One day he woke up with a blistering headache and a weighty grogginess like he’d never felt before. It took every last ounce of his willpower to get up and slog through the morning routine. He took a nap in his room at lunchtime and felt like he’d barely closed his eyes when someone knocked on his door. It startled him, but he jumped up to answer it, worried he’d slept through his afternoon class. The movement brought another wave of pain crashing through his head.

    His heart sank when he saw Dr. Leavitt standing in the hallway, the lights shining off his bald head.

    “Oh.” It came out of Thomas’s mouth before he could stop it.

    “Hey there, son,” Leavitt replied, as cheerful as he’d ever been. “We’ve got a big surprise for you this afternoon, and I think you’ll like it.”

    Thomas stared at him, suddenly dizzy. Hearing those words had triggered such a strong moment of déjà vu that he thought he might still be sleeping.

    “Okay,” he said, trying to hide his discomfort. Any change in his daily schedule was welcome. “What is it?”

    Dr. Leavitt had an odd, nervous smile. “We—the Psychs,” the man said through a shifty grin, “have decided it’s time for you to have some interaction with others. We’re, um, going to start you off with Teresa. How does that sound? Would you like to meet her and spend some time with her? Maybe things will go a little better than your first, uh, unofficial meeting.” His smile grew bigger, but it didn’t touch his eyes.

    It had been a long, long time since Thomas had felt anything like what burned inside him at that moment. He wanted to meet Teresa more than anything else in the world.

    “Yes,” he said, “absolutely. I think I’d like that very much.”

    During the walk, that strange déjà vu came over him again, as if he’d made this exact same walk with the exact same purpose before. The man guided him into a small office on his floor, the only furniture a desk with nothing on it, a couple of chairs on either side. The girl named Teresa was already sitting in one of the chairs, and she gave Thomas a very shy smile.

    The feeling hit him even stronger than before, almost making him stumble. Everything about the episode—the room, Teresa, the lighting—felt so familiar that it seemed impossible that it was happening for the first time. Confusion clouded his mind.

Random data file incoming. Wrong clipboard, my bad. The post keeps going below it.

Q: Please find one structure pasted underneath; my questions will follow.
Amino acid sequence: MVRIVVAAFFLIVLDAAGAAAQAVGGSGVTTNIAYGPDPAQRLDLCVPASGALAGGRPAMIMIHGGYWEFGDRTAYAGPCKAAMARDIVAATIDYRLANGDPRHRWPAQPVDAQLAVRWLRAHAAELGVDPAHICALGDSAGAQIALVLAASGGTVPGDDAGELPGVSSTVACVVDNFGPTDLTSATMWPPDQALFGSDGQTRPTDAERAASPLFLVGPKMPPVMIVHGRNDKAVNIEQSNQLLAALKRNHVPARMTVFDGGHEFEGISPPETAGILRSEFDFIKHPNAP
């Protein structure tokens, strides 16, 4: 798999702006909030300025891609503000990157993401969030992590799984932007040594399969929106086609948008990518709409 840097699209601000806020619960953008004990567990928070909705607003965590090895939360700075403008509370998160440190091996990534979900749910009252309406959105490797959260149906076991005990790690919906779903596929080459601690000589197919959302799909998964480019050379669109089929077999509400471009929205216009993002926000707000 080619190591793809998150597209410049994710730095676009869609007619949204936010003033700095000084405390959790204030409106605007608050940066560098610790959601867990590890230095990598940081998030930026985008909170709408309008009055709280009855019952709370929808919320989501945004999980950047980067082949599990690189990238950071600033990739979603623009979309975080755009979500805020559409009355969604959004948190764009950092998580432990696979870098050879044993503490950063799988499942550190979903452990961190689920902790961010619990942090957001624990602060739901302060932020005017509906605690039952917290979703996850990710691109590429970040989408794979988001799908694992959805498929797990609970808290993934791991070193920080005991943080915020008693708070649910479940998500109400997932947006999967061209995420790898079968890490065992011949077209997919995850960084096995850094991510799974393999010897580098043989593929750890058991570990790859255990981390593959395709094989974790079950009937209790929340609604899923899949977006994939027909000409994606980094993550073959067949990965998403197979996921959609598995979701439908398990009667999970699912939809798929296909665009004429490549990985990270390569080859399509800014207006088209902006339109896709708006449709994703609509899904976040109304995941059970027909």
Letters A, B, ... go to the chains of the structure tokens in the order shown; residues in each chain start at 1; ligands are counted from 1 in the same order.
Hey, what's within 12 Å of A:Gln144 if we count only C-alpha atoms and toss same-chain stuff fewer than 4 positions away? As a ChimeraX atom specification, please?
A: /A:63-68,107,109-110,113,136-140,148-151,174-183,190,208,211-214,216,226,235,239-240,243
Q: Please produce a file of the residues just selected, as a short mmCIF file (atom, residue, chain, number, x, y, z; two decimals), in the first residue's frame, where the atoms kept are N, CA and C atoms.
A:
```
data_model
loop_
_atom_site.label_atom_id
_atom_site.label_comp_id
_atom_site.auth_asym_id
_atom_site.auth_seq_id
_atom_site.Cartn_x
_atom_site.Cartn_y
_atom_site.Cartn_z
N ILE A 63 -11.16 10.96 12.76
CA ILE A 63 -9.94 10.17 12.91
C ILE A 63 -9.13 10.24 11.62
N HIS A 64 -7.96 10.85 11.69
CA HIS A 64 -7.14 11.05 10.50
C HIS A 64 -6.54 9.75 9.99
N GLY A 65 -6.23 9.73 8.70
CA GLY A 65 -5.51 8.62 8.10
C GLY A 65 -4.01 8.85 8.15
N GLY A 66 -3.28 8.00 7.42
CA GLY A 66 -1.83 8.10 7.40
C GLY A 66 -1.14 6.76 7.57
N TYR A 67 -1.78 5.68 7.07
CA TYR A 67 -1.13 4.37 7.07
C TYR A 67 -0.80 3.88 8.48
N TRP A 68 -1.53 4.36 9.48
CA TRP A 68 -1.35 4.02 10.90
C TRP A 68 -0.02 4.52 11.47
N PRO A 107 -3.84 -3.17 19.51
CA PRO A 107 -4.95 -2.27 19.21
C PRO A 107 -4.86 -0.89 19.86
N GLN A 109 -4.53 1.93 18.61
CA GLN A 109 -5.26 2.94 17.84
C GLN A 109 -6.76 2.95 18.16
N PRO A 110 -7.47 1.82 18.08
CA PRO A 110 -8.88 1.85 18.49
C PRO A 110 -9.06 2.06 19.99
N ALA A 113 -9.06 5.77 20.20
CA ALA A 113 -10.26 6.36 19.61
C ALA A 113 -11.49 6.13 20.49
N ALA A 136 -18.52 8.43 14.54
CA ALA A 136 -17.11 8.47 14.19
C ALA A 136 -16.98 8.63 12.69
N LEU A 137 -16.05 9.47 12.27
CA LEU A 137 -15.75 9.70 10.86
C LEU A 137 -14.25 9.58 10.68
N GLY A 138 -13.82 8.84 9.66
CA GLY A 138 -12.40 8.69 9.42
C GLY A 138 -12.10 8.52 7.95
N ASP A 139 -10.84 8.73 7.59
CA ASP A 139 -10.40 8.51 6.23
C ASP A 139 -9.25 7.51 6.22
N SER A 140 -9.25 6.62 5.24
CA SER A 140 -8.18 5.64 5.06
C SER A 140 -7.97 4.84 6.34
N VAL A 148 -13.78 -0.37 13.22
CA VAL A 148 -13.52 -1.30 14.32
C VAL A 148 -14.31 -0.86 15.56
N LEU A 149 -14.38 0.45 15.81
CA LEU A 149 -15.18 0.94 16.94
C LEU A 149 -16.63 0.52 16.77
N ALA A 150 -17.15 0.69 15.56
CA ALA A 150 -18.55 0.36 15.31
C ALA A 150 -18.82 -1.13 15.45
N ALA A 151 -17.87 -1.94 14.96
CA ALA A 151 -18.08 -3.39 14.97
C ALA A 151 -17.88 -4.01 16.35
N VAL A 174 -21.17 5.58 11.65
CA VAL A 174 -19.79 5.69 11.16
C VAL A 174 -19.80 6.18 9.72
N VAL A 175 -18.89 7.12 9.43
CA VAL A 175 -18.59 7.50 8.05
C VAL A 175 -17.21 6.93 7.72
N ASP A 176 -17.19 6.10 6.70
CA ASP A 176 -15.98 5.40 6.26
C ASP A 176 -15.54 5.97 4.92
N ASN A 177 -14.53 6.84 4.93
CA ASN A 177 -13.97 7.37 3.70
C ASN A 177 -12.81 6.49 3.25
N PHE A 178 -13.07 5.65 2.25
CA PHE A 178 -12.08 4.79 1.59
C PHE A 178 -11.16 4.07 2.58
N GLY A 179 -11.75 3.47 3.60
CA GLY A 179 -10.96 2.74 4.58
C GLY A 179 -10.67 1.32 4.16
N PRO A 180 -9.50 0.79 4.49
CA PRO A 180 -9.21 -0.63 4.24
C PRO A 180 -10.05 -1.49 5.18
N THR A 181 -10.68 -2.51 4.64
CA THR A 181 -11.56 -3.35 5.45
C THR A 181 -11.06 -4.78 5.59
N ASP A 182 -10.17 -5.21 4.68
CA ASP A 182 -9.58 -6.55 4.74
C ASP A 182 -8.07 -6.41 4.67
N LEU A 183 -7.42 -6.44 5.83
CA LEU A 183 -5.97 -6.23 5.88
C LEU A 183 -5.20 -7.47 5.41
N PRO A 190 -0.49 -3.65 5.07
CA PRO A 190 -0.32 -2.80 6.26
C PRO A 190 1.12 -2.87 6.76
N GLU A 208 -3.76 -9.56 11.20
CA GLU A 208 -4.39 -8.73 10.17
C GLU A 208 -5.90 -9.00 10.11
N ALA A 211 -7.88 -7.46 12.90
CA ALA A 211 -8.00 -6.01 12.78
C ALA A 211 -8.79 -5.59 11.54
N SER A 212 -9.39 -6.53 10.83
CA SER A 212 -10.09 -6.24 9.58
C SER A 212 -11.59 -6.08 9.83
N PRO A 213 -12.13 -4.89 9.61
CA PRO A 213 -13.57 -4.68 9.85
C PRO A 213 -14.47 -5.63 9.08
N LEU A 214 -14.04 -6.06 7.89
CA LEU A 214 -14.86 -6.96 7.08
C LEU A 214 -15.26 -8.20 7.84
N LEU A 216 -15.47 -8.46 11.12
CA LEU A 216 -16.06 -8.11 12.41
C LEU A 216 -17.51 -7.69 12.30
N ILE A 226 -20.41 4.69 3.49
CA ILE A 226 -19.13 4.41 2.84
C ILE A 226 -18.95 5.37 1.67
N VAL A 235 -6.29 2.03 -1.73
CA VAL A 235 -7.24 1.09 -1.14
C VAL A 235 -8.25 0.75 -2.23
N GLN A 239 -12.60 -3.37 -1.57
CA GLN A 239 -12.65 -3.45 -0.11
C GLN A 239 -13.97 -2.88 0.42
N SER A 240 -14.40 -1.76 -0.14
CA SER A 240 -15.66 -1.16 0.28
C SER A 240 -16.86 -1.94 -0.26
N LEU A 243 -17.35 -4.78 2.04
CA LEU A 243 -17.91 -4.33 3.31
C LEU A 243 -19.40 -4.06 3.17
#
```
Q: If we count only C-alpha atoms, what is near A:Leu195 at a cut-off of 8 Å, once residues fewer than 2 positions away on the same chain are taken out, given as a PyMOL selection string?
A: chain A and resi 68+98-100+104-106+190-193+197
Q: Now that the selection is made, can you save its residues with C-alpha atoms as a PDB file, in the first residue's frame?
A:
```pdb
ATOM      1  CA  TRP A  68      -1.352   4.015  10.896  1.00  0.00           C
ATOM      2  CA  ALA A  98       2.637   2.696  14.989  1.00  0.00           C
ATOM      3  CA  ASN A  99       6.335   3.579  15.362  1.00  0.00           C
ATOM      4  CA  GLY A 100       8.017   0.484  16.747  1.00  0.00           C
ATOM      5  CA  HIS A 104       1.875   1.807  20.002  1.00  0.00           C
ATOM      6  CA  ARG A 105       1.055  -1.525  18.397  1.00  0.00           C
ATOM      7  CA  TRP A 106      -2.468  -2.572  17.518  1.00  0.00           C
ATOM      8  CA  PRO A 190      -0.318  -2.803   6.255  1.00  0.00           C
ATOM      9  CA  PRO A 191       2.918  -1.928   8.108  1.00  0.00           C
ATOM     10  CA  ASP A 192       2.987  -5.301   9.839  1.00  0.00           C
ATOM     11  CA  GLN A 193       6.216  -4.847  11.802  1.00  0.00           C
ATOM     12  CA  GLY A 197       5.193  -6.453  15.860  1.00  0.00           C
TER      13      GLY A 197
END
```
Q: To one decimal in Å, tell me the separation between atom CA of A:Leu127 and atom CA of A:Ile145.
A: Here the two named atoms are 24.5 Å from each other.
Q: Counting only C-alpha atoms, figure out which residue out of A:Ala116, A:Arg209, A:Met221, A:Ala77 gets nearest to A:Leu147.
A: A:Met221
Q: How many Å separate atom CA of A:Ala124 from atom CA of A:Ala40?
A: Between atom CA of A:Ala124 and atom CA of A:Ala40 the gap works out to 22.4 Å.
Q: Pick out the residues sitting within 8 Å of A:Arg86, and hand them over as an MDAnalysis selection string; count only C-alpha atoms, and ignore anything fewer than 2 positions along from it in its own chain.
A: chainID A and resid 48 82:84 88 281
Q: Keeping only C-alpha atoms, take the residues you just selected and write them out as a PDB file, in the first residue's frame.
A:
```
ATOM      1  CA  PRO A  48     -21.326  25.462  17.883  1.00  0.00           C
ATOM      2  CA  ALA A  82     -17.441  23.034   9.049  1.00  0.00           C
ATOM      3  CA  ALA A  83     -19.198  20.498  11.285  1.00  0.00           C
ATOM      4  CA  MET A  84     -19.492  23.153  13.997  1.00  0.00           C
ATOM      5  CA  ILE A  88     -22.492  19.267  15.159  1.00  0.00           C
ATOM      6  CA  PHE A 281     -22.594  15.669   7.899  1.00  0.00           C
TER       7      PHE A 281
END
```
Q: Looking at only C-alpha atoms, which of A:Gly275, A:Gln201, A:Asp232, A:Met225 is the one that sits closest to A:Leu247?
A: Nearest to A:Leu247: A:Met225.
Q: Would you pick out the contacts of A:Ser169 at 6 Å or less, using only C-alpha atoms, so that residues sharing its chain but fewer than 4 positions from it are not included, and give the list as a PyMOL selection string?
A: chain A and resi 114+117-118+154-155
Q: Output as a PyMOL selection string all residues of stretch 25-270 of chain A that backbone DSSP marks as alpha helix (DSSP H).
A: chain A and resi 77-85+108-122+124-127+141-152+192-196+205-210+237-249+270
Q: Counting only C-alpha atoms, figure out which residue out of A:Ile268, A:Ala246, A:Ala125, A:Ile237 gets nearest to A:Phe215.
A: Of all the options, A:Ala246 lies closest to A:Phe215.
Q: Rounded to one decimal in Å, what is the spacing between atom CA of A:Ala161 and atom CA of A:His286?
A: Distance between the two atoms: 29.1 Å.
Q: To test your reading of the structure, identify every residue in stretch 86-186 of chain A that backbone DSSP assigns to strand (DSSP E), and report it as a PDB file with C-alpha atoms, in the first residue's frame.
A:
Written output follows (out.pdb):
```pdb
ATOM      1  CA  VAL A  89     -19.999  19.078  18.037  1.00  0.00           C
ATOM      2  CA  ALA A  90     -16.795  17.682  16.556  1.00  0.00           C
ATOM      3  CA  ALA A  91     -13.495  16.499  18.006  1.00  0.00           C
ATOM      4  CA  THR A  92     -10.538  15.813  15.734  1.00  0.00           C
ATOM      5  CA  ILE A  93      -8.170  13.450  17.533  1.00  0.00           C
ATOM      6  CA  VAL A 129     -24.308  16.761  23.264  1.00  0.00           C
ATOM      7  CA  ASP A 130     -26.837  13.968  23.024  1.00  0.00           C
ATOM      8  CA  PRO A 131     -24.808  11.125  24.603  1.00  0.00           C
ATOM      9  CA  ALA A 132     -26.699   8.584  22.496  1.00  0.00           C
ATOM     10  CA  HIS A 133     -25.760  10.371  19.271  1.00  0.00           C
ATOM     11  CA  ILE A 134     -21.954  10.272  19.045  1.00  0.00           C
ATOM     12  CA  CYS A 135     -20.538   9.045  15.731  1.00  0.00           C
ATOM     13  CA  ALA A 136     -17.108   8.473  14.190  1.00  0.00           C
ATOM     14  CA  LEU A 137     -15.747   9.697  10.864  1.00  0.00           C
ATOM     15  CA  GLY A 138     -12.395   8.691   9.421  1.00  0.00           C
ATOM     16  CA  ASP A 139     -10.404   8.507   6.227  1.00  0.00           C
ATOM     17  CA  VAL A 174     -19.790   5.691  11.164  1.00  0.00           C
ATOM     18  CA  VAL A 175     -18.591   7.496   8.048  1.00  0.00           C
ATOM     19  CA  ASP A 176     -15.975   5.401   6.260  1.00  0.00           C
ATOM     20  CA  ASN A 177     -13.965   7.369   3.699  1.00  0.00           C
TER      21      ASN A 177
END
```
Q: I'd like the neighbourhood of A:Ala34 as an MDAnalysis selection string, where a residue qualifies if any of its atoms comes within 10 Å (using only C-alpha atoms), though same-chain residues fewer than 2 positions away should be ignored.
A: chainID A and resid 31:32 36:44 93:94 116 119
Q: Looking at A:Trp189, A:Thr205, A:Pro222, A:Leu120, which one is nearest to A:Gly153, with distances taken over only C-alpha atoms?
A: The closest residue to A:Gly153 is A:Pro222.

“Have a seat,” Leavitt said, gesturing impatiently.

    Thomas tried to compose himself. He sat, and the man stepped back out into the hallway, pulling the door almost completely shut. “We thought it was time we let you guys have a chitchat,” he said, then added with a quick smile, “Enjoy,” and closed the door. There was another strong wave of familiarity.

    Thomas couldn’t stop staring at where the man had been standing moments before, too embarrassed to turn his attention to Teresa. He felt so awkward—a few minutes ago he’d been excited; now he was two seconds from getting up and running away, baffled by the strange rush of feelings. Finally he shifted in his chair, forcing his gaze to flick to her, and found that she was staring at him. Their eyes met.

    “Hey.” It was the best he could do.

    “Hi,” Teresa replied. She gave another shy smile. A smile Thomas could swear he’d seen at some point before today, in this very room.

    But now wasn’t the time to dwell on what might have happened—he had all the time in the world to think about the weirdness later. He motioned around him. “Why did they put us in here?”

    “I don’t know. They wanted us to meet and talk, I guess.”

    She hadn’t gotten his point—he wondered if maybe that was her attempt at sarcasm. “How long have you lived here?”

    “Since I was five.”

    Thomas looked at her, tried to guess her age, gave up. “So…”

    “So four years,” she said.

    “You’re only nine?”

    “Yeah. Why? How old are you?”

    Thomas wasn’t sure he knew the answer to that question. He figured that was close enough. “Same. You just seem older is all.”

    “I’ll be ten soon. Haven’t you been here just as long?”


    Teresa shifted in her seat, pulled one of her legs under her body and sat on it. Thomas didn’t think it looked particularly comfortable but loved that she seemed a little more at ease. The same was true for him—the more they spoke, the more that disorienting pulse of déjà vu retreated to the background.

  • Romance | Fantasy | Vampire